Wednesday, November 26, 2008

Buying Medieval Antiques on e-Bay

Someone asked me, in passing, a question that I've never considered, but might be of importance to medievalists and those who love them this Xmas*: How reliable are the medieval antiques sold on e-Bay?

I think the person asking was more interested in the idea of authenticity -- in other words, if I buy a medieval spearhead, will it really be a medieval spearhead, or will it be something made in the garage to look medieval?

To his question, I add this: Are you likely to run into things being fenced? Are some of the leaves of medieval manuscripts sold there "liberated" from not-so-carefully-monitored MSS with the use of an exacto knife?

Obviously, on e-Bay it's going to depend on the seller, since the site itself exercises minimal oversight on the products sold there, but I wonder if folks out there have cautionary tales or simple tips for telling the good from the bad?

*I've decided to Xmas rather than Christmas on the Wordhoard this season. After all, medievalists should know that abbreviating "Christ" to X is a sign of reverence in medieval manuscripts -- so why not on medieval blogs too?


  1. To his question, I add this: Are you likely to run into things being fenced? Are some of the leaves of medieval manuscripts sold there "liberated" from not-so-carefully-monitored MSS with the use of an exacto knife?

    Good timing. Just a few days ago I read a similar story, here. (The story is in Italian; you can translate it via Google, or hunt around for the story in English; there's bound to be one, but I won't trouble to search it out).

    Basically, a "scholar" named Farhad Hakimzadeh razored out pages from more than 150 medieval texts at the British Library and the Bodleian, "with the precision of a surgeon", and in spite of closed-circuit television monitoring the special collections. Incredible!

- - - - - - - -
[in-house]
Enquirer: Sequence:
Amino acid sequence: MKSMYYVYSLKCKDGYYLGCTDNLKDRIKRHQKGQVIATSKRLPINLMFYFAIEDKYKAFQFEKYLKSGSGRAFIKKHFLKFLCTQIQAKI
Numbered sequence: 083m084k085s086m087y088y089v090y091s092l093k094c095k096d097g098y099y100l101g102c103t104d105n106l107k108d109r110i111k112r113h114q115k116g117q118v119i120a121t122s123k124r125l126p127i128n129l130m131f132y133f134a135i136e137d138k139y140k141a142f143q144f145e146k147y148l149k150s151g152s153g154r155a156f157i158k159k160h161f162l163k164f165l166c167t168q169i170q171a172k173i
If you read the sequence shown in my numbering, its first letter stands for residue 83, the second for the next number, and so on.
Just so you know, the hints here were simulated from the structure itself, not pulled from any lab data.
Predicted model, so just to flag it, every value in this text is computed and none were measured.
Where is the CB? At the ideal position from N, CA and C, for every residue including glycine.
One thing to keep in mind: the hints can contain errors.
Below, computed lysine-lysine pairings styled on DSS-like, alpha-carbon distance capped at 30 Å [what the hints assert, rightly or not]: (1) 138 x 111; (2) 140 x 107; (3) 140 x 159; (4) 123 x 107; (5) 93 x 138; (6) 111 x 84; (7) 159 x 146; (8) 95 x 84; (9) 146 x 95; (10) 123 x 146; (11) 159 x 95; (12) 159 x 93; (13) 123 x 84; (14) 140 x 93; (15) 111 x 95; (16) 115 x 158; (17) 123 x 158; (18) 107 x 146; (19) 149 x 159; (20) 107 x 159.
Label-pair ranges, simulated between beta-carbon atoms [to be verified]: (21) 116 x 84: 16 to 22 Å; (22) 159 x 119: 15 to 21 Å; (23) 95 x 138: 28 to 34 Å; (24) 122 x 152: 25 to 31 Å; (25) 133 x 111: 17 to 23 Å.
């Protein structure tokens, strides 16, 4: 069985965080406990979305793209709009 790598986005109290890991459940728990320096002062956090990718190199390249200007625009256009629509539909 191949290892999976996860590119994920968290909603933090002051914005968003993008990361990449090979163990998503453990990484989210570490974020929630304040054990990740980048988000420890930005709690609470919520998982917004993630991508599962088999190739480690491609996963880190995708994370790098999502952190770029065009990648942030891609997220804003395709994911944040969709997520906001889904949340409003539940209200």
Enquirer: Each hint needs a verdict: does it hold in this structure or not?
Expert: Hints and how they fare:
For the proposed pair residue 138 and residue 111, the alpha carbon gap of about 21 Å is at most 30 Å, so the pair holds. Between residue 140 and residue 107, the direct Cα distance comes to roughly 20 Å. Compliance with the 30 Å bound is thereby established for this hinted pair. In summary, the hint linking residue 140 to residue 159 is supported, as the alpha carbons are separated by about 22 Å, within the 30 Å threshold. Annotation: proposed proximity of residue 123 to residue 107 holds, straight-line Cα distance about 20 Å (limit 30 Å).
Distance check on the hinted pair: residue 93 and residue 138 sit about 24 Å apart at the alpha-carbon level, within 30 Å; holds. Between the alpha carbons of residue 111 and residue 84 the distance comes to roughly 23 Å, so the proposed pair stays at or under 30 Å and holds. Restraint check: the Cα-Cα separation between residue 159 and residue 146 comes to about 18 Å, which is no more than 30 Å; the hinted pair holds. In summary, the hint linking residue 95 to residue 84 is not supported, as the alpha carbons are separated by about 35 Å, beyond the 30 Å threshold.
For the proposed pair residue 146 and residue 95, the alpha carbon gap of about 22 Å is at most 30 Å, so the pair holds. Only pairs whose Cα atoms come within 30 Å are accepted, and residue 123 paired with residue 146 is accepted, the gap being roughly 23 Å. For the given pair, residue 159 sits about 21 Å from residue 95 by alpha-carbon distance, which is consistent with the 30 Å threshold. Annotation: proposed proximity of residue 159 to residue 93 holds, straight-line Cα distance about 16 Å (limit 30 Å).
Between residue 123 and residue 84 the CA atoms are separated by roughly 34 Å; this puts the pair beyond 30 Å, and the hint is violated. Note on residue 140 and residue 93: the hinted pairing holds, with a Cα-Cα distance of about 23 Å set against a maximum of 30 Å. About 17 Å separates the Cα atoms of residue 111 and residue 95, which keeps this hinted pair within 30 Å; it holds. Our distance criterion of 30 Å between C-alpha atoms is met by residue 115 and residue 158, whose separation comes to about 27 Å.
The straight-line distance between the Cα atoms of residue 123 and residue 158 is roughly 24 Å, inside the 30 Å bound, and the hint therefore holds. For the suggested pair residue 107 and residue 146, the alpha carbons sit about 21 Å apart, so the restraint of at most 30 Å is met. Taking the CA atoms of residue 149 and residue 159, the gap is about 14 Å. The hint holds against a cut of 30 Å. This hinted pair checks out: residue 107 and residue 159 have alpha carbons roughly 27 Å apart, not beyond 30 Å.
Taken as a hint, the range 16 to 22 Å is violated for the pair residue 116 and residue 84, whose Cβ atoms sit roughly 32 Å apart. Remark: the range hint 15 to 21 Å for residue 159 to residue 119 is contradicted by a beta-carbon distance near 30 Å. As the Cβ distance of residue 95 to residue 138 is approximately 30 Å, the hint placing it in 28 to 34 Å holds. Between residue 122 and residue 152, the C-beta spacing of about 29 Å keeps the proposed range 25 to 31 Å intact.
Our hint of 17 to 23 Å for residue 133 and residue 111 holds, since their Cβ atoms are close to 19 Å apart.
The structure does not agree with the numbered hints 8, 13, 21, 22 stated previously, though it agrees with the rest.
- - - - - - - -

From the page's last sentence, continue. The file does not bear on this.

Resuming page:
2. Oh dear. That's terrifying. Bodleain and the British Library too.

    Though it's also worrying that they lay careful emphasis on 'nato in Iran' and call him 'l'iraniano'. It makes the TERRORIST OF BOOKS! hysterical leap just a little too easy. Then again, they also call him 'the thief' several times, so maybe it's just the dramatic phrasing of the whole.

    About ebay - I don't know. I think I'm fairly good at telling a trustworthy seller from a less reliable one there, but when it comes to antiquities? The feedback given by buyers is going to be very dependant on their ability to distinguish good from bad, and there's no guide to their credentials. And of course, if you've just bought something and it looks convincing, you want to believe it's real anyway...

  3. Anonymous7:53 AM

    I don't know so much about medieval items, but I do see something of the trade across eBay in ancient coins. Some of these, and some of the medieval ones too, are definitely fakes. In the world of medieval stuff people who know their stuff don't seem as yet to trade through eBay as much, preferring private deals, but ancient stuff is not so innocent. The problem is just as often that the seller doesn't realise he or she has a bad egg, though. I've known people buy fakes, have them identified as such and get their money back from apparently sincerely unaware sellers; and I've known people find the sellers have disappeared (only one case of that, admittedly). There's nothing about eBay that makes it safe to trust that the seller both knows and says what the item really is.

    As far as coins go, never ever buy a `genuine shekel of the Jewish revolt', and don't buy any coin with the letters 'WR' on one face in different lettering from the main legend. There has been a flourishing Israeli industry in making the former since 1948, often illegitimately from legitimately made copies that are almost indistinguishable from the real thing except by metallurgists, and the latter are products of a company called Westair Reproductions who have been carefully marking their stuff like that for thirty years so that it can't be mistaken for the real thing. We still get people trying to tell us they dug them up in a field. Otherwise, you take your chances, I'm afraid.

  4. Anonymous7:55 AM

    As for stolen things, one of the projects that's paying me is all about trying to spot such items electronically. There is a lot out there. Caveat emptor I'm afraid.